Hathaway propels Demme’s ‘Rachel’

Posted Dec. 21, 2008, at 7 p.m.

Coming soon to theaters

RACHEL GETTING MARRIED, directed by Jonathan Demme, written by Jenny Lumet, 113 minutes, rated R.

Jonathan Demme’s “Rachel Getting Married” isn’t really about Rachel (Rosemarie DeWitt) at all. It’s about her screwed-up sister Kym (Anne Hathaway in her best performance to date), a smoky, troublemaking but ultimately well-meaning mess on leave from a rehab facility who has been on drugs and booze for so much of her life, she unfortunately claimed another life along the way.

Just who that is won’t be revealed here, but it drives the emotions in a movie happy to unleash them at any point, which is often.

Shot with a handheld camera, which gives the movie an immediacy and an intimacy it otherwise might have lacked, Demme based the film on Jenny Lumet’s script. What he features here is the year’s most

diverse cast, so much so that you half-expect the pending nuptials to be held at the United Nations instead of in the backyard of Rachel and Kym’s father, Paul (Bill Irwin), and their stepmother, Carol (Anna Deavere Smith).

This is, after all, a film about the complications that come when a clash of cultures collides in a home so broken, the foundation shakes the moment Kym steps inside.

Oh, everyone tries to make it work, at least initially, with co-dependent Paul rushing to give Kym food she doesn’t really want while the elephant in the room — Kym’s addictions, her time in rehab and now her time away from it — go strenuously ignored.

Some of the movie’s best scenes are, in fact, about this family going through the motions of what they think it means to be a happy family — they laugh so hard at hollow jokes and their few good memories, you know that laughter is doomed to eventually be caught in someone’s throat, which it is.

After all, before long, Kym’s loose mouth and shattered self-esteem are testing the waters to see just where she stands with her family now. To do so, she picks fights, she drops bombs, she sleeps with the best man (also a recovering addict), she needles Rachel and others, she scratches at wounds so deep they’ll never heal, and she isn’t really surprised to realize that she’s the one doing most of the bleeding.

That’s pretty much how it has always been for Kym. There’s a side of her that craves those familiar lows, while another side no longer wants any part of them. It’s her struggle to get to that healthy part of herself that “Rachel Getting Married” really is about, but it won’t be easy, particularly given Kym’s difficult relationship with her distant mother, Abby (a superb Debra Winger); her strained relationship with Rachel, who resents Kym for always stealing attention away from her, particularly now on her wedding day; and all the other people she has hurt along the way.

While parts of the movie feel false and manufactured, that’s never true for Hathaway’s performance, which provides the necessary jolt of reality and isolation in a film whose family would seemingly prefer as little of that as possible. And it’s also never true when Winger enters into the equation. Her mean mouth and calculating eyes go a long way in explaining why Kym turned out the way she did, and why this family is as screwed up as it is.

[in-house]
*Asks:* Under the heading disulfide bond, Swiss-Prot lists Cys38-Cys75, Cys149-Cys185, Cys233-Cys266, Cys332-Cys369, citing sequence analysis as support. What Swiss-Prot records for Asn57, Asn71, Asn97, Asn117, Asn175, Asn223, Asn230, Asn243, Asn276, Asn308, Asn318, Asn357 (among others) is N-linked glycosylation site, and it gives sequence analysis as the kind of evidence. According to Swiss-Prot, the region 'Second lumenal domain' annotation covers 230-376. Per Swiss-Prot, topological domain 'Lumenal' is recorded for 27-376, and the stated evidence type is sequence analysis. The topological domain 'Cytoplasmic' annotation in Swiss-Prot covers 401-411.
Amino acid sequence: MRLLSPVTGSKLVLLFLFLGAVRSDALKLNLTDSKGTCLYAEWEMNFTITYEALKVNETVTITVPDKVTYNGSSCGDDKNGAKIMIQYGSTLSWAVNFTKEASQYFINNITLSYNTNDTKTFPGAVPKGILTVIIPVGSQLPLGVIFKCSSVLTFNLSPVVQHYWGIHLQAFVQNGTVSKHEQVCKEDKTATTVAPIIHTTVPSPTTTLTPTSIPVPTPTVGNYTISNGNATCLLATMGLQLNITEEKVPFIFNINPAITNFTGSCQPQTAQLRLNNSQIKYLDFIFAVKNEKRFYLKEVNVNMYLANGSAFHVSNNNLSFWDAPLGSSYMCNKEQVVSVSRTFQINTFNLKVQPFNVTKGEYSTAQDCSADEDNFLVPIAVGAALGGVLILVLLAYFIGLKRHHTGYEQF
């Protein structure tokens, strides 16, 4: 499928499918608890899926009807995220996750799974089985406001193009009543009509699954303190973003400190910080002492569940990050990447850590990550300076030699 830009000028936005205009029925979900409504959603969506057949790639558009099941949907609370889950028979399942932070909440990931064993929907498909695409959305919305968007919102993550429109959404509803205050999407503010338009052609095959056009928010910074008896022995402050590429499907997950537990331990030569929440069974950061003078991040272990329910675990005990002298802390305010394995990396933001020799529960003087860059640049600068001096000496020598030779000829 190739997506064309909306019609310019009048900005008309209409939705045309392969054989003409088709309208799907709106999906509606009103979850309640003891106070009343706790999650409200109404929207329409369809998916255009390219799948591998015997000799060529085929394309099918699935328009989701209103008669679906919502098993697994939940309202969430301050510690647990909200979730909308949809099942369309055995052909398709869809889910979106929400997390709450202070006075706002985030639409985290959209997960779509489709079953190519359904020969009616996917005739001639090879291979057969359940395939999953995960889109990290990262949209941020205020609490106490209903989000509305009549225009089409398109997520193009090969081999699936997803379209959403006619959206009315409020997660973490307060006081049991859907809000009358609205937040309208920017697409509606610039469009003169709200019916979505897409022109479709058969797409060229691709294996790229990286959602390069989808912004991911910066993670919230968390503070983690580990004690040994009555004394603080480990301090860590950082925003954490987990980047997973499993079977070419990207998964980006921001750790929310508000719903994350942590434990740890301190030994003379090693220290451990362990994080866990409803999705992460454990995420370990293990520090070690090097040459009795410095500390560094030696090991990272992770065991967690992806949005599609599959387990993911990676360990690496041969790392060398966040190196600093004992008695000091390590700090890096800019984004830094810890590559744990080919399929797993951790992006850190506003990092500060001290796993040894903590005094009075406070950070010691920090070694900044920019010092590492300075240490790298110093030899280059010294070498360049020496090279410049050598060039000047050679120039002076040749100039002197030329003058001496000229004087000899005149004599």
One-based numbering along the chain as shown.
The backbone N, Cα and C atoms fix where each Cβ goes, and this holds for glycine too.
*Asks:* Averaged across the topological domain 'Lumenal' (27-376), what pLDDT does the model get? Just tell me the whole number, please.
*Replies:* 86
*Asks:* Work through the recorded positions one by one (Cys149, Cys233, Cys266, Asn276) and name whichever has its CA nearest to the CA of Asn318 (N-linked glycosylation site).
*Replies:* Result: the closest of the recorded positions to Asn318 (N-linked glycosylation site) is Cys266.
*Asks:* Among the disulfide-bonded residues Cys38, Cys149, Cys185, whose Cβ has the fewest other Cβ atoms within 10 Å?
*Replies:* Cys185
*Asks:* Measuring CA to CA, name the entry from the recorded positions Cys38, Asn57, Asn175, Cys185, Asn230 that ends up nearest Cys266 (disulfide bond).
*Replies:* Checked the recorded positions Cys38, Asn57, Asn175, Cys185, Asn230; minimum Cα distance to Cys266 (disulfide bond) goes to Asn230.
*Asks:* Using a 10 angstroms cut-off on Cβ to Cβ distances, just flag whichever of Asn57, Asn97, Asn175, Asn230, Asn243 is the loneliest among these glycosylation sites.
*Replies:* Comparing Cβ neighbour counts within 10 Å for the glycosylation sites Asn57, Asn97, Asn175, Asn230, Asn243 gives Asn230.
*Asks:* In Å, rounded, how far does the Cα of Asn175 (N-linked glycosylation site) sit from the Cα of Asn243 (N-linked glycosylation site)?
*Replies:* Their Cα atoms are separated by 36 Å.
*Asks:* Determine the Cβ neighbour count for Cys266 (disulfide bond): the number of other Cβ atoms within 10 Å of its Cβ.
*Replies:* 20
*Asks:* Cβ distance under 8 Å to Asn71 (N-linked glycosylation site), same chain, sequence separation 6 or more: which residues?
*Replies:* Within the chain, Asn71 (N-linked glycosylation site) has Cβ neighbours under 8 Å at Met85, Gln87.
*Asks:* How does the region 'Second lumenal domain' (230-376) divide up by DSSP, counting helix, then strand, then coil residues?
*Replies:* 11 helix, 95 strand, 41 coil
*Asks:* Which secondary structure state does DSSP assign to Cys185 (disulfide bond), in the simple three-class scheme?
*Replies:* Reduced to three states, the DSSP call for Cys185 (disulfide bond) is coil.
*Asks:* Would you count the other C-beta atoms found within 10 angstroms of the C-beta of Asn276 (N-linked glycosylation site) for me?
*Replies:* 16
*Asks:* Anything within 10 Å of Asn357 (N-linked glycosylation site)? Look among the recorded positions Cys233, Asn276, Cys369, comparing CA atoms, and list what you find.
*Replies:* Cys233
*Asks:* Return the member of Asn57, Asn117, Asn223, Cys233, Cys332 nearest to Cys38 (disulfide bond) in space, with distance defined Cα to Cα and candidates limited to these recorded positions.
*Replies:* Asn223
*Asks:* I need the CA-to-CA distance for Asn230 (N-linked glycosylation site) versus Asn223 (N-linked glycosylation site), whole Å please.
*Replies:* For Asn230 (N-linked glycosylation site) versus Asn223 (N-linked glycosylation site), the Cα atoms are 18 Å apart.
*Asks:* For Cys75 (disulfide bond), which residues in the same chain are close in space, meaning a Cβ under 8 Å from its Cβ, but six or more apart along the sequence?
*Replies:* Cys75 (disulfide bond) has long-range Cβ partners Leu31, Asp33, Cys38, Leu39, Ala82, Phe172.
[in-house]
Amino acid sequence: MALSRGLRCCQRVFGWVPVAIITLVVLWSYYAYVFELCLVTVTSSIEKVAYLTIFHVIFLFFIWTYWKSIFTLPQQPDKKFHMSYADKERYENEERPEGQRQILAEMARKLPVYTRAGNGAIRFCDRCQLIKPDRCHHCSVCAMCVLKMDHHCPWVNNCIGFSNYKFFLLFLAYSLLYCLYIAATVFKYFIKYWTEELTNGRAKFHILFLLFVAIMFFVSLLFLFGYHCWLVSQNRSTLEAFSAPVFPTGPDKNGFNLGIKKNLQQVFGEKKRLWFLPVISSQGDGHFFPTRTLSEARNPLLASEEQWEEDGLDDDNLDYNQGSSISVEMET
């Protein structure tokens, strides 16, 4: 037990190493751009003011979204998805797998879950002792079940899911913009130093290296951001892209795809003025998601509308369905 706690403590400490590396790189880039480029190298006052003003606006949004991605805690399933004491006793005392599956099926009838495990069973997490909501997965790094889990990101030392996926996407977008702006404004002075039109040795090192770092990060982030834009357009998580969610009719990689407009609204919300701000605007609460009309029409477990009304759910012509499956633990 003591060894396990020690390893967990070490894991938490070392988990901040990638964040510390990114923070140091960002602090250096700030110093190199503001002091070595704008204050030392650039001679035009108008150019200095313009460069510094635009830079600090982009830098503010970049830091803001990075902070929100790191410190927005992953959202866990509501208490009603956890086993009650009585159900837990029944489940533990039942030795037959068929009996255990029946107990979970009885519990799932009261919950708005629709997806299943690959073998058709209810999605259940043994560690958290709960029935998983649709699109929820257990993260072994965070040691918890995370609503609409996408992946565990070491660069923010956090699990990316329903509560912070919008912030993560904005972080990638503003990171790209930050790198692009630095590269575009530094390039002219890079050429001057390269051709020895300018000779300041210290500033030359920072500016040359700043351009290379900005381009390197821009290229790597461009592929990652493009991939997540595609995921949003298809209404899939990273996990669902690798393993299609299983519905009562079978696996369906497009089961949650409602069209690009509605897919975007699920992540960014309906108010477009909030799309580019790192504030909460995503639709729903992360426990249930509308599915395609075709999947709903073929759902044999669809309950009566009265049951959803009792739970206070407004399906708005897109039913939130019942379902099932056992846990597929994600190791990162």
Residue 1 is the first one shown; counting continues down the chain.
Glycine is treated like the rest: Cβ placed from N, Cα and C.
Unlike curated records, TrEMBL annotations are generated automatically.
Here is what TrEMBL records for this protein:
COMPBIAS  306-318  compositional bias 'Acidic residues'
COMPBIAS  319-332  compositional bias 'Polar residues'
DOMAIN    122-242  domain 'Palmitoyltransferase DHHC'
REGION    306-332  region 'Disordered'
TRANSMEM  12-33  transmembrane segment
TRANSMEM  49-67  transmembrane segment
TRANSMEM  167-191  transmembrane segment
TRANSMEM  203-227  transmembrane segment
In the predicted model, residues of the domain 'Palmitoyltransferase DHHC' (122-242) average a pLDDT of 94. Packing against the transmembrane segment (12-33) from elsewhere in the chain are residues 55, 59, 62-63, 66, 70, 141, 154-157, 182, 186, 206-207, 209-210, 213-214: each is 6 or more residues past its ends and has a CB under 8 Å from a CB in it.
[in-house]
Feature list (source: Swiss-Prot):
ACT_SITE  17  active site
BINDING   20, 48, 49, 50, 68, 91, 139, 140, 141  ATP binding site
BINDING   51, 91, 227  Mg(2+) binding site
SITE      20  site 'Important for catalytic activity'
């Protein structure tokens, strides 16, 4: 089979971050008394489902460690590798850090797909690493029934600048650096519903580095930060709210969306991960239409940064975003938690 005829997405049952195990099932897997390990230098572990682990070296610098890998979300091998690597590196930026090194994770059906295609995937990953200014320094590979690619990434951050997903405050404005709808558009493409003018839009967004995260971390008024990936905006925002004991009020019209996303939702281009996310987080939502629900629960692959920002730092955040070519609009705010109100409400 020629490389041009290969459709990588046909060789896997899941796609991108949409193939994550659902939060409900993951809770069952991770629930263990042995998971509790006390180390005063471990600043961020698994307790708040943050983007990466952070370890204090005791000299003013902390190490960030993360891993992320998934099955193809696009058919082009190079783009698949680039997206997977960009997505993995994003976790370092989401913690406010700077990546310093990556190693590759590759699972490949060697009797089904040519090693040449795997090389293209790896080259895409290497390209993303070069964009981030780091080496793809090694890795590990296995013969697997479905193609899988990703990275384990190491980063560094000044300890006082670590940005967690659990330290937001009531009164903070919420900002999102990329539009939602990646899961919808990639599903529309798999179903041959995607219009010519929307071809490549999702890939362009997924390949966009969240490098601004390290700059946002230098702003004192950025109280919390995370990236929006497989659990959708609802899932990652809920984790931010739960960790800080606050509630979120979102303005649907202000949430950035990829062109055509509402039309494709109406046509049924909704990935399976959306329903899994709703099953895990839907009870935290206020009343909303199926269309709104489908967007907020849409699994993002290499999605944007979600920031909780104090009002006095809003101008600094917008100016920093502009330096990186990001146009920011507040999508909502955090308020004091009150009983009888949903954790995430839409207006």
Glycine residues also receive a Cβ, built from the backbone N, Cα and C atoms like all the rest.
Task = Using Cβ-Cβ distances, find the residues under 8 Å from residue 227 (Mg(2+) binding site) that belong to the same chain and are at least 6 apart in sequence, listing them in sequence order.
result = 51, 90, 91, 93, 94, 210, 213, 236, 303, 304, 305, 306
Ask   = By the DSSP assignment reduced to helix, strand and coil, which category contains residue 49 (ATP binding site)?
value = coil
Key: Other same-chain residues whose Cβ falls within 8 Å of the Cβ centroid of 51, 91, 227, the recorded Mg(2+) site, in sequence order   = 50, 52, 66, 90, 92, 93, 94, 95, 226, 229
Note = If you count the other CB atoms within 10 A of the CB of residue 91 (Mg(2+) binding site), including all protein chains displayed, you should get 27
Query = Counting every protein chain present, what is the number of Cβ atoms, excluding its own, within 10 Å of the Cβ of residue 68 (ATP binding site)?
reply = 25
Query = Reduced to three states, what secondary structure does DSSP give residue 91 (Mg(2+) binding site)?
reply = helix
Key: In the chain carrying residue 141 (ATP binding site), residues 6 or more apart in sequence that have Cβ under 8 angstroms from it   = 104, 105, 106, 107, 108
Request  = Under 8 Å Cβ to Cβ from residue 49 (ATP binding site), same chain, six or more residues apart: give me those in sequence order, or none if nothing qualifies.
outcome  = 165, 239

Grade: B-

On DVD and Blu-ray disc

THE MUMMY: TOMB OF THE DRAGON EMPEROR, directed by Rob Cohen, written by Alfred Gough and Miles Millar, 112 minutes, rated PG-13.

The third installment in “The Mummy” franchise has a few things going for it — most notably the terrific Michelle Yeoh, whom Hollywood is seriously overlooking as a leading dramatic actress, and a game Brendan Fraser, who has whipped himself back into his “George of the Jungle” body, which proves enough to get him through the big set pieces and (cough) all that inspired writing.

Beyond these two, the film is nothing special, nothing risible, nothing memorable. In spite of its massive budget (upward of $200 million), the whole effort just evaporates onscreen.

Set in 1946, the film picks up with Rick (Fraser) and Evelyn O’Connell (Maria Bello, taking over for Rachel Weisz) itching to ditch their self-imposed retirement and get back into the old swing of things. Since in their line of work, that generally means fighting the undead, they do so not in Egypt but in China.

There, the Dragon Emperor (Jet Li) and his terra-cotta army are about to unleash all sorts of chaos when they’re unearthed by Rick and Evelyn’s son Alex (Luke Ford, thick as mud), who appears to be just a shade younger than each because, in real life, the actor is. His casting is just one of the movie’s major missteps — sorry, but exactly how old were Rick and Evelyn when they conceived him? Like, maybe, 10?

Each time they’re all onscreen together, that question is the elephant in the room, so it’s good that Yeoh is there to offer a distraction and deepen the proceedings as a 2,000-year-old sorceress determined to stop the Dragon Emperor cold. To do so, she’ll work alongside her daughter Lin (Isabella Leong), but plenty will be at stake for each, including the potential for losing their immortality.

While the energetic ending does feature some well-done special effects as two undead armies collide in a battle inspired by “Braveheart,” too much of the rest of the film is reminiscent of a creaky old carnival ride. Let’s call that ride “The Mummie Dearest.” You can slap all the fresh paint you want on this relic, pinch its pixilated cheeks, dust off its binary code and toss it back under the spotlight, but beneath it all are such rusty bolts and hinges, some will question why they climbed aboard in the first place.

Grade: C-

WeekinRewind.com is the site for Bangor Daily News film critic Christopher Smith’s blog, DVD giveaways and archive of movie reviews. Smith’s reviews appear Mondays, Fridays and weekends in Lifestyle. He may be reached at christopher@weekinrewind.com.

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